Konjaku Kioi Toyama Ryu Dojo Toyama Ryu Batto Do
Konjaku Kioi Dojo
(Ancient and Modern Fighting Spirit Dojo)
5980 66th St N Suite M
St Petersburg FL 33709
Email: info@toyama-ryu.com
Phone: 727-329-9679
Yari (Spear)

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Katana Maintenance Information

This section covers various pages discussing maintenance of the Japanese Katana.  If you have any questions just email me at info@toyama-ryu.com and we will be glad to discuss any topic.  The dojo store offers full sharpening, repair, and customization services to keep your katana in top working order.

The Konjaku Kioi Toyama Ryu Dojo, its employees, and associated companies are not responsibility for an injury, damage or loss incurred by following any advice given on this site.  Katana are dangerous objects and the utmost care should be given when working with them.

  • Sword Cleaning: Katana must be cleaned immediately after tameshigiri and at the end of class.  Unlike most decorative wall hangers - real katana rust!  If the blade is touched - it needs to be immediately cleaned unless you want to personalize your blade with rust fingerprints.
     
  • Mekugi Replacement: A traditional nihonto (Japanese made sword) is held together with a single small bamboo peg called a mekugi.  They are not riveted, glued, or screwed together.  A samurai staked his life on that one small peg.  Two or three poorly done mekugi are not as good as a single properly done one.  Special classes are offered in the dojo that cover this topic.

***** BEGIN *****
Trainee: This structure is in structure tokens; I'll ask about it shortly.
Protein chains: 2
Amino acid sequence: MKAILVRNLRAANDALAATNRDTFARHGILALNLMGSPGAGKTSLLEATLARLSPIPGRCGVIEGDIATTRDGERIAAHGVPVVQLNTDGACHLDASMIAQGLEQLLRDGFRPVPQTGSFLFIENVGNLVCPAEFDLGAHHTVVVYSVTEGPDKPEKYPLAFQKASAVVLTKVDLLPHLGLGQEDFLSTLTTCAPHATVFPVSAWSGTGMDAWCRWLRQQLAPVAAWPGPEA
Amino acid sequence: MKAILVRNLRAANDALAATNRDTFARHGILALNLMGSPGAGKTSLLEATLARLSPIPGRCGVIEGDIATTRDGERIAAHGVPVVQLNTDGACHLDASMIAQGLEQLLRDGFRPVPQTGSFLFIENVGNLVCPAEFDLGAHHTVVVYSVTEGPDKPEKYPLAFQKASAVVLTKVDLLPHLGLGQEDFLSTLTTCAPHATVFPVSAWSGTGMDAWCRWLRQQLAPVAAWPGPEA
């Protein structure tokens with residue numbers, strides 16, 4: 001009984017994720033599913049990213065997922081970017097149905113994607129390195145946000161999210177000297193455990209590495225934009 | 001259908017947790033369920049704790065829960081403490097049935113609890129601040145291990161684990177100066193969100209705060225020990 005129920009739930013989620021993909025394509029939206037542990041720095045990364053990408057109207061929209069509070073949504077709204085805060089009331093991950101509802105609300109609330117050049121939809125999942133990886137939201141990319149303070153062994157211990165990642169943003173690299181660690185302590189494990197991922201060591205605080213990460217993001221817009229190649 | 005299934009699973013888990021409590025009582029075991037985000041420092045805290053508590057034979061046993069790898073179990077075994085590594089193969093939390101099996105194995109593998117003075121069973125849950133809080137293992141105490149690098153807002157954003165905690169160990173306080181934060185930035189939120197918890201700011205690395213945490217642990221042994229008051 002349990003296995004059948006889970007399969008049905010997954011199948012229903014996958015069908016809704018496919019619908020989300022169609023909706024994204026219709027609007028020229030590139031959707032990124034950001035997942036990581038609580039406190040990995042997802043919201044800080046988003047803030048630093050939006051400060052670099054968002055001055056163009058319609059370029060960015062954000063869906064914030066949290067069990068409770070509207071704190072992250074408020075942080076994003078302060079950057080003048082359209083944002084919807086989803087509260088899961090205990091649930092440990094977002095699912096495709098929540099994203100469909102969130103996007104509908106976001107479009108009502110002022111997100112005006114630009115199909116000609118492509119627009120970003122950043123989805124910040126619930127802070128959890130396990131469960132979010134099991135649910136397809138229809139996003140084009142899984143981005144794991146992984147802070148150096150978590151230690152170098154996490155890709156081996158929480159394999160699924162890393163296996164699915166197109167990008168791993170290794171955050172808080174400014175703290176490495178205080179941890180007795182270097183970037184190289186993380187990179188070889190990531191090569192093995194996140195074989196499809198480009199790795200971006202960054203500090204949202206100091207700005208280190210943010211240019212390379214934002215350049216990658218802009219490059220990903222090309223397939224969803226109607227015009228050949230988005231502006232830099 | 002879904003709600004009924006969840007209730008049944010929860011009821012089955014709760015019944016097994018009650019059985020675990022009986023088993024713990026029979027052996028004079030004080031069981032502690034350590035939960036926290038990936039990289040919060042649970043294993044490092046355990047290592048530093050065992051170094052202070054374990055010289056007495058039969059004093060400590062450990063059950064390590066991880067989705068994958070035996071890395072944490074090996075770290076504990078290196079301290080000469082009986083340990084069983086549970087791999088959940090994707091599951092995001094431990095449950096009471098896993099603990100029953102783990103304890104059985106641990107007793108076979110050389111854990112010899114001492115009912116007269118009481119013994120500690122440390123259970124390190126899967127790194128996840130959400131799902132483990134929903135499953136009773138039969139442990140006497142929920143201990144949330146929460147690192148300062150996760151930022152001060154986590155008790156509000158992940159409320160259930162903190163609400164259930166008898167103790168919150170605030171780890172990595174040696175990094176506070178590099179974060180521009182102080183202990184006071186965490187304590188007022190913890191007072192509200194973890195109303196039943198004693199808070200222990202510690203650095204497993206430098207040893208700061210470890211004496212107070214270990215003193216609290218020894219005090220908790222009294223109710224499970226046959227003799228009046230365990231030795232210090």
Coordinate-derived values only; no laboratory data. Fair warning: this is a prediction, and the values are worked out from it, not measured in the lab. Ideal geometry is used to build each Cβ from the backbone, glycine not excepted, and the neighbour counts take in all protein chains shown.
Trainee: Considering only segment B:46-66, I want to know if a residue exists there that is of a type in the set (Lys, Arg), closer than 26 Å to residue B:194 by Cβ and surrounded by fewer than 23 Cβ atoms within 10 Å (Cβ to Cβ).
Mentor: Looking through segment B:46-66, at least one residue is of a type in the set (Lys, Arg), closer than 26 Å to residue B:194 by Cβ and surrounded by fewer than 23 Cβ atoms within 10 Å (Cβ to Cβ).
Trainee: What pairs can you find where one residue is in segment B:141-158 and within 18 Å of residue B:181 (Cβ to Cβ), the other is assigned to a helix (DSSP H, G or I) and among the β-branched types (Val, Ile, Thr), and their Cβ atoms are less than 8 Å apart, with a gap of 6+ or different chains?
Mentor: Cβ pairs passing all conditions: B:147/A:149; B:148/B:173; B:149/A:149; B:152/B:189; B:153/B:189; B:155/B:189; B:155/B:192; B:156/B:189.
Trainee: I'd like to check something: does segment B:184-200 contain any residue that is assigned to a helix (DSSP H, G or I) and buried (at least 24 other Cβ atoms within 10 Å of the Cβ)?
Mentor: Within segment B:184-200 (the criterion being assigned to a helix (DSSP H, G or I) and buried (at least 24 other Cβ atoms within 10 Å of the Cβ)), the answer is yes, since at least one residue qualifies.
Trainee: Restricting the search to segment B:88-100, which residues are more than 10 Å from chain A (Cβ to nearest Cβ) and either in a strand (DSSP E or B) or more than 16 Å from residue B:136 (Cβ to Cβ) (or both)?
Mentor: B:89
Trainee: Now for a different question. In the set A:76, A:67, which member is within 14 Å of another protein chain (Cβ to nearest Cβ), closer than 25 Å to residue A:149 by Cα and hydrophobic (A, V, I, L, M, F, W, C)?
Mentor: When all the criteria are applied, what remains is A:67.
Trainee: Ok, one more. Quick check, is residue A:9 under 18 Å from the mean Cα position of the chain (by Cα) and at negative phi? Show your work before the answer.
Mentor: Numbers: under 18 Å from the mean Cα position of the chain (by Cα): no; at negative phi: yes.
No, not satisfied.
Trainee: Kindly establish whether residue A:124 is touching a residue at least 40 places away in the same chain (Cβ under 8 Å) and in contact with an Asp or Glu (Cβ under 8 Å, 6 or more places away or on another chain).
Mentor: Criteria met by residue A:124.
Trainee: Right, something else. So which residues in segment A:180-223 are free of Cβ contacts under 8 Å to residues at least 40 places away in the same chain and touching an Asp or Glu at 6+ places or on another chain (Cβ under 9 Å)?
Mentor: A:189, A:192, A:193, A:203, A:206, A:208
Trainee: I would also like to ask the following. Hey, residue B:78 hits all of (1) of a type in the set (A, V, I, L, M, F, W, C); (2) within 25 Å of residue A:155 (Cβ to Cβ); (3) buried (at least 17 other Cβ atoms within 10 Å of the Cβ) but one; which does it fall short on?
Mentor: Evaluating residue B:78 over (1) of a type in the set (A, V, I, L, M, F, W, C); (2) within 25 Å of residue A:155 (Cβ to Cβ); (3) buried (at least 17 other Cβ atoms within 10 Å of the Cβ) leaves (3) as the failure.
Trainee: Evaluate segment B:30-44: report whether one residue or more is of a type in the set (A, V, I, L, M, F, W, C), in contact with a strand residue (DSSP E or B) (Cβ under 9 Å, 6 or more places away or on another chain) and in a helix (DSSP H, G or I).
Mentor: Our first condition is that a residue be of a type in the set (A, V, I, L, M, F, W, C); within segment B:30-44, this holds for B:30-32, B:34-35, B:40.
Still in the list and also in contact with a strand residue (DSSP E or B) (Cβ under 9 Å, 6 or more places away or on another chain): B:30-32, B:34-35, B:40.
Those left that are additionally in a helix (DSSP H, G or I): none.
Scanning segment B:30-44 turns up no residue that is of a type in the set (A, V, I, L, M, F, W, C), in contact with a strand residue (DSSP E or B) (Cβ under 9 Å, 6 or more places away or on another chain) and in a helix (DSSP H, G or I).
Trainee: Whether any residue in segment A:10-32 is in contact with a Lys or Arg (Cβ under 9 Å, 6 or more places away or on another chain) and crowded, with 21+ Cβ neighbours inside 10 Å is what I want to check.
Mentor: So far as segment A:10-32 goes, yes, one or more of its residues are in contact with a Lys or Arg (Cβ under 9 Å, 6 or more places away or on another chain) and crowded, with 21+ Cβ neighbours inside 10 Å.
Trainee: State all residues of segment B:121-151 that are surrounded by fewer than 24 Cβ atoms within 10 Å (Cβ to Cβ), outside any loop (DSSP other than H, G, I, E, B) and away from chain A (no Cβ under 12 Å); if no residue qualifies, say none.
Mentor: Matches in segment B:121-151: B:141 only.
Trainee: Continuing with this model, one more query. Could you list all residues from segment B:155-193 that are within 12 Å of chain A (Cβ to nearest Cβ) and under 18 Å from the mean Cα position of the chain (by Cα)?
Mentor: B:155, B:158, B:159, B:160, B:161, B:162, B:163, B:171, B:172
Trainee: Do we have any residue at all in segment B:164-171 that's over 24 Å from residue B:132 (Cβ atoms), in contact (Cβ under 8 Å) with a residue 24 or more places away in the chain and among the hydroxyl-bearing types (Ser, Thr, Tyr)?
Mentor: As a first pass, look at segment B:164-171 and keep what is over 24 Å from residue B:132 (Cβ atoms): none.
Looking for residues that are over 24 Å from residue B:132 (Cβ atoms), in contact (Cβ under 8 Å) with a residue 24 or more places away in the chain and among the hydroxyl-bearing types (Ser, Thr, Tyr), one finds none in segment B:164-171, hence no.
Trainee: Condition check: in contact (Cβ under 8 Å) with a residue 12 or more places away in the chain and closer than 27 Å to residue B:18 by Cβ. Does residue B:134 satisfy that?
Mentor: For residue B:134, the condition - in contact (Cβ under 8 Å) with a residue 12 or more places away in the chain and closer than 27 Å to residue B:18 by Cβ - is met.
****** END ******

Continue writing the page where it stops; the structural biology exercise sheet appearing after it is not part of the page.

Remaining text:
• Katana Disassembly: A proper katana can be disassembled for inspection, repair, or a thorough cleaning.  It is also fairly easy to customize you katana by swapping tsuba.  This guide will walk you through the steps of disassembling your katana.
     
  • Is my sword sharp?: This section discusses what makes a sword dull and how you can test the edge.  A sword can feel sharp and still not cut.  A good katana should keep an edge for about 6 months of moderate use.
     
  • Edge Geometry: This section discusses proper and improper edge geometry for tameshigiri.  How the cutting planes of the katana affect how it cuts through targets and what edges are good for different types of targets.
     
  • Sharpening Guide: This section has step by step instructions on how to sharpen your own sword using Japanese Water Stones.  Special classes are offered in the dojo that cover this topic.
     
  • Sharpening Service: Don't want to try sharpening your own sword?  Find out how you can have your martial art katana sharpened for a reasonable rate.  This link goes to the Nihonzashi web site.

Copyright 2006 by Konjaku Kioi Toyama Ryu Dojo, All rights reserved.

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